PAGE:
The gridded SWE product combinations shown in Table 1 were used as predictors in the ANNs. Multiple linear regression (MLR) models were run using the same sets of predictors and test station splits, and their results are listed alongside those of the ANN models for comparison of linear and nonlinear data fusion techniques. The predictor combinations included each gridded product run individually as well as in combination with better-performing products. In addition, each two-product combination of the three best products was run. The rationale for this approach was the desire to limit the total number of ANN runs to substantially less than all 63 possible combinations of any number of products, running those most likely to give performance insights and improvements. The three best-performing products had mean station MAEs across BC that were within 5 % of each other, whereas other products had mean station MAEs 15–30 % higher than the top product, ERALand. Furthermore, it was not anticipated, for instance, that adding the poorest-performing product to an ANN of the best three would outperform an ANN of the best four. Only observations for which all six gridded products had SWE values within 7 days of the observation date were used, so that all models were based on the same set of observations.
A number of alternative machine learning methods were investigated in the course of this work. Bayesian neural network (BNN) and support vector machine (SVM) runs were executed but did not result in notable improvements over the ANN in spite of additional computational cost. While studies (Forman and Reichle, 2015; Xue and Forman, 2015) have shown machine learning methods such as SVM to be superior over ANNs for snow-related parameters, Lima et al. (2015) found that in an evaluation of four different nonlinear methods across nine different environmental data sets, no single nonlinear method consistently outperformed the others. Though an exhaustive exploration of machine learning algorithms was not the objective of this manuscript, the machine learning runs completed indicated that, of the investigated algorithms, the ANN was at least comparable, if not superior, for this application and data sets.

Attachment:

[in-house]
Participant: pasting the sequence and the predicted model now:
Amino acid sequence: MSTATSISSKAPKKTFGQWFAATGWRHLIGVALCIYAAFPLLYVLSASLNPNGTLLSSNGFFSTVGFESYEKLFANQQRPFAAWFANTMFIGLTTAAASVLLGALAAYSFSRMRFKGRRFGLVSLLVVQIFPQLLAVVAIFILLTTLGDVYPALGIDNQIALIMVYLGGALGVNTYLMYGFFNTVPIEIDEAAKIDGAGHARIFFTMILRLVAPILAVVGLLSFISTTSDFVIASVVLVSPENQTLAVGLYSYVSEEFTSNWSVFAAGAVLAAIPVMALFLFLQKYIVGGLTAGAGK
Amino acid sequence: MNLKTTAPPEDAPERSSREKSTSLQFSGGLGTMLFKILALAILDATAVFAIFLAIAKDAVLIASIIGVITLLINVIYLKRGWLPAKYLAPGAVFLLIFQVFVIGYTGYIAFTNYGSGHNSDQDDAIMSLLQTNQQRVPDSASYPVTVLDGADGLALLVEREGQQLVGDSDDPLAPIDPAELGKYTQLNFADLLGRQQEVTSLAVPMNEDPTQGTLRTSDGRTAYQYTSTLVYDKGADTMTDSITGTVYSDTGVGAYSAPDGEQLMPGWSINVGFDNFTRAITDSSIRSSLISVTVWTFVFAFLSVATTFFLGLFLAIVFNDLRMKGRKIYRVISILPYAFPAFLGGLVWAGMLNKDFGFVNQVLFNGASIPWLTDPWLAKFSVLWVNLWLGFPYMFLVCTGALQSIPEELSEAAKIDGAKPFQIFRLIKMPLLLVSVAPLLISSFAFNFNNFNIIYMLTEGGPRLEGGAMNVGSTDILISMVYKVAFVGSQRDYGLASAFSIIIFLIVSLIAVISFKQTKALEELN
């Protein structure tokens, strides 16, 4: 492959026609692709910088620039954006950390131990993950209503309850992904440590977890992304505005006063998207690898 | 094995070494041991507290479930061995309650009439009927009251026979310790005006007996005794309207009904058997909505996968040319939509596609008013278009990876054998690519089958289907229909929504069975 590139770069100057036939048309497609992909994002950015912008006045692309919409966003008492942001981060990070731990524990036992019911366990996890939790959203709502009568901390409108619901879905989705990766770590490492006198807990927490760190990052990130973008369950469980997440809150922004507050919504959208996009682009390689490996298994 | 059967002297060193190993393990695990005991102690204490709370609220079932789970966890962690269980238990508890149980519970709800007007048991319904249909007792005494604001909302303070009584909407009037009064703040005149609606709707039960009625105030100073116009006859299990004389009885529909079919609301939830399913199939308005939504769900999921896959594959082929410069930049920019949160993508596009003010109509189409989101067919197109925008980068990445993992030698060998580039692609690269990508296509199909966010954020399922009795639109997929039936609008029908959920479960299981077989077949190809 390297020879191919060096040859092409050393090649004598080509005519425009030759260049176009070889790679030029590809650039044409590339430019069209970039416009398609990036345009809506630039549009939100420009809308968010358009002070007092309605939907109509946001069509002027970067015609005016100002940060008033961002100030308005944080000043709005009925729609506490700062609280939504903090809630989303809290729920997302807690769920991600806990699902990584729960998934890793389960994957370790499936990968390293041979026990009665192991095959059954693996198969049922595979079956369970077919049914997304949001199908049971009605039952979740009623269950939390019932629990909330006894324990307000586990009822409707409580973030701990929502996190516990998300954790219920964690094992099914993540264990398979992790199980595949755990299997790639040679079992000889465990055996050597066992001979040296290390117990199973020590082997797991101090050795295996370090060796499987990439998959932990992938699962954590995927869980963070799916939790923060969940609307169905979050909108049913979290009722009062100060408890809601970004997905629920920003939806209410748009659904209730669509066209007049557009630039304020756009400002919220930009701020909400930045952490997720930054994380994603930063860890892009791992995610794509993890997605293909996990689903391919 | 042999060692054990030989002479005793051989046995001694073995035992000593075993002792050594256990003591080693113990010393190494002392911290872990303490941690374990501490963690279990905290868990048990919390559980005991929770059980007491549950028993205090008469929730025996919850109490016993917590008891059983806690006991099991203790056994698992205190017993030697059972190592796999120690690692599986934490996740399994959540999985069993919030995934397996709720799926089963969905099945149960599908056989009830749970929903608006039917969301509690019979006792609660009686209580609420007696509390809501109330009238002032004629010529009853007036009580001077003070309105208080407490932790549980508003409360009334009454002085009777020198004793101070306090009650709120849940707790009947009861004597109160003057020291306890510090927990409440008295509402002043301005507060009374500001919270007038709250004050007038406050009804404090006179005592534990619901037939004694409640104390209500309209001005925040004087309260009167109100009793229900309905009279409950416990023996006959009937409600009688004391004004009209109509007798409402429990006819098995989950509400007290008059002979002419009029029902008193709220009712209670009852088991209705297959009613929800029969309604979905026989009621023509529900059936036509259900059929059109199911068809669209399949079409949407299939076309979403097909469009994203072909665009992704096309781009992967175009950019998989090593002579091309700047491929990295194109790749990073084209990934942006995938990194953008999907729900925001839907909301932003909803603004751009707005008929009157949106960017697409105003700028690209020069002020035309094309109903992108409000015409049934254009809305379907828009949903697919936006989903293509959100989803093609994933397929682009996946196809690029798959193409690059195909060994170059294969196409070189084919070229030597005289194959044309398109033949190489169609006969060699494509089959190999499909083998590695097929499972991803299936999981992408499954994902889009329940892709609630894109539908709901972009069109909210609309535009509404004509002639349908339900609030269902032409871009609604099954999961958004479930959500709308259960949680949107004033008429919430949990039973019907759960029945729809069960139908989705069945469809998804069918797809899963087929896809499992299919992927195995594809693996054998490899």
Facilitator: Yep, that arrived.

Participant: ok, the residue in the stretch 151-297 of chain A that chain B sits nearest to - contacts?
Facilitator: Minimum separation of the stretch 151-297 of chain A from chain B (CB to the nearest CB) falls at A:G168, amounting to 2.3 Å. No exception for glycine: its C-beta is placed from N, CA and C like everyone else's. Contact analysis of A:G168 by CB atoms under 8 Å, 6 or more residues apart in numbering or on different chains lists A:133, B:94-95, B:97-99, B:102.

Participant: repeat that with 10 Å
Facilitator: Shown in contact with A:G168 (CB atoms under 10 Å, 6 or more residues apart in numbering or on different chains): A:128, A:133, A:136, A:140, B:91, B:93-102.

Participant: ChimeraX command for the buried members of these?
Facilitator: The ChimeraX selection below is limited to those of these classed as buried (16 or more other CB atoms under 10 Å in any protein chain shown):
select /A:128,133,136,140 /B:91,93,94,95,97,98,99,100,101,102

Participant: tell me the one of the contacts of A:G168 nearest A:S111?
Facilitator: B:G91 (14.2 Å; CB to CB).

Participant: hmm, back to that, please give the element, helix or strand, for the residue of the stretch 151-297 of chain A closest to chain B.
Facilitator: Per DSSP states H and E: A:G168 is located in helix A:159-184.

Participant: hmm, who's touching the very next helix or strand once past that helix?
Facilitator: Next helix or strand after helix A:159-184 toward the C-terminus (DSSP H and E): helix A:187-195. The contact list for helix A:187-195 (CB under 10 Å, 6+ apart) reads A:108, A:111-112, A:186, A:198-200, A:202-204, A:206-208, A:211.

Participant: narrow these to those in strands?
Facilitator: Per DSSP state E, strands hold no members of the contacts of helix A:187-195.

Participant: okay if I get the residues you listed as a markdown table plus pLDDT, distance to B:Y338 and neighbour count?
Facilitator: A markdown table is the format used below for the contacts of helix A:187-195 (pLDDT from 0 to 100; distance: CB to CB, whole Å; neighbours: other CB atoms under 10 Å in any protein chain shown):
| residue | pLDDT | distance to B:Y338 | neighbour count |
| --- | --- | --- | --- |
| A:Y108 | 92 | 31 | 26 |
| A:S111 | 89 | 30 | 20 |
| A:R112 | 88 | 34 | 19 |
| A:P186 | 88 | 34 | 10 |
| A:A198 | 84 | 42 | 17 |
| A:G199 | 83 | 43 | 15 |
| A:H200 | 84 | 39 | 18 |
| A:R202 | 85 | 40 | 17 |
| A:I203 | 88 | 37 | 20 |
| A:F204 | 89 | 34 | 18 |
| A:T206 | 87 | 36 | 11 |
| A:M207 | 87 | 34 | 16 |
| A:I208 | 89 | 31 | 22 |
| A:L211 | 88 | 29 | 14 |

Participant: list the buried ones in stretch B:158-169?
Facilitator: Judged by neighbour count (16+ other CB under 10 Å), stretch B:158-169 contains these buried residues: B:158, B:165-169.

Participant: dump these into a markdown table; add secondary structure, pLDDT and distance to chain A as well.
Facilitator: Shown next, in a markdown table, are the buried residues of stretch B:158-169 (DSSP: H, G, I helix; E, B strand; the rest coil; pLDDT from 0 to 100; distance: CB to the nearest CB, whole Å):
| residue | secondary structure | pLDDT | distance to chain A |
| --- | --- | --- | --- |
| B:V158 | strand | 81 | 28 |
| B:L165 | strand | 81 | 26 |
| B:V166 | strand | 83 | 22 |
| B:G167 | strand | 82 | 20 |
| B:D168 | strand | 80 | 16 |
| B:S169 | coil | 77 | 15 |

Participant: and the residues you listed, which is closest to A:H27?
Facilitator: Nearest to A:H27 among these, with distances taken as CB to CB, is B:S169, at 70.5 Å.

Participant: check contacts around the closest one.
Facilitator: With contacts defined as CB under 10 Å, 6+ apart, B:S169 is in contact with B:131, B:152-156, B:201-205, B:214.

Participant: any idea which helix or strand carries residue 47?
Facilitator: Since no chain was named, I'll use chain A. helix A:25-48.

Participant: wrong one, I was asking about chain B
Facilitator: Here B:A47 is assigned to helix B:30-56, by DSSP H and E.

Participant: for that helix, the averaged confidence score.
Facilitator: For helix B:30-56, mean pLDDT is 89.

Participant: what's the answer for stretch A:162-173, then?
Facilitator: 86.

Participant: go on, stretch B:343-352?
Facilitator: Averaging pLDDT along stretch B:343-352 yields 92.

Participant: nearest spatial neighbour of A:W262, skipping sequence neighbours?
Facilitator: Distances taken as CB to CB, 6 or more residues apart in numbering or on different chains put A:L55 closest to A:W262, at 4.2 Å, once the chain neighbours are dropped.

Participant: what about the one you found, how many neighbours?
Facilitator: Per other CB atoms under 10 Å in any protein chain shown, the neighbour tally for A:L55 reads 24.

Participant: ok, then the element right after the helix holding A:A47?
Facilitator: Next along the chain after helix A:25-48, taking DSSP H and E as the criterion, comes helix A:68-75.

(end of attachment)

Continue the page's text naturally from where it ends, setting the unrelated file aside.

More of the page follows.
3.3 Hydrologic model comparison
The Variable Infiltration Capacity (VIC) hydrologic model is used by the Pacific Climate Impacts Consortium (PCIC) to conduct hydrologic assessments for the province of British Columbia (Pacific Climate Impacts Consortium, 2014). VIC is a macroscale hydrologic model that solves full surface water and energy balances (Liang et al., 1994), sharing many basic features with land surface models (LSMs) in global climate models (GCMs). The land surface is modeled as a grid of large, flat, uniform cells, and sub-grid heterogeneity is handled via statistical distributions. The land–atmosphere fluxes and water and energy balances are simulated at a daily or sub-daily time step. Water can only enter a grid cell via the atmosphere, which means that water in the channel network stays in the channels and subsurface flow between grid cells is not included in the water balance. For the 1∕16∘ grid cells used in the PCIC implementation, this is a reasonable approximation.
The PCIC VIC implementation currently covers four watersheds throughout BC (Pacific Climate Impacts Consortium, 2014), as shown in Fig. 1. Relevant model parameters, specifically snow/rain temperature thresholds and snow albedo decay curves, were explicitly adjusted to reproduce observed SWE at snow pillows, with subsequent automated multi-objective calibration to reproduce streamflow series and volume errors (Schnorbus et al., 2010). The model is forced with daily observations for minimum and maximum temperature, precipitation, and wind on a 1∕16∘ grid (Schnorbus et al., 2014).
A second set of ANN runs was conducted using a subset of the test stations previously used. Only the MSS stations that were within the VIC domain and that had at least 10 years of measurements were used for testing. The 173 stations which met this criterion were divided into seven test splits of 24 or 25 stations each, ordered by watershed, such that for each split one-seventh of the VIC long record stations were excluded from training. This selection results in a relatively uniform spread of test stations for each split over the VIC domain as shown in Fig. 2 (blue crosses). Model training and MAE and correlation computation for each station were performed as in the full-province runs.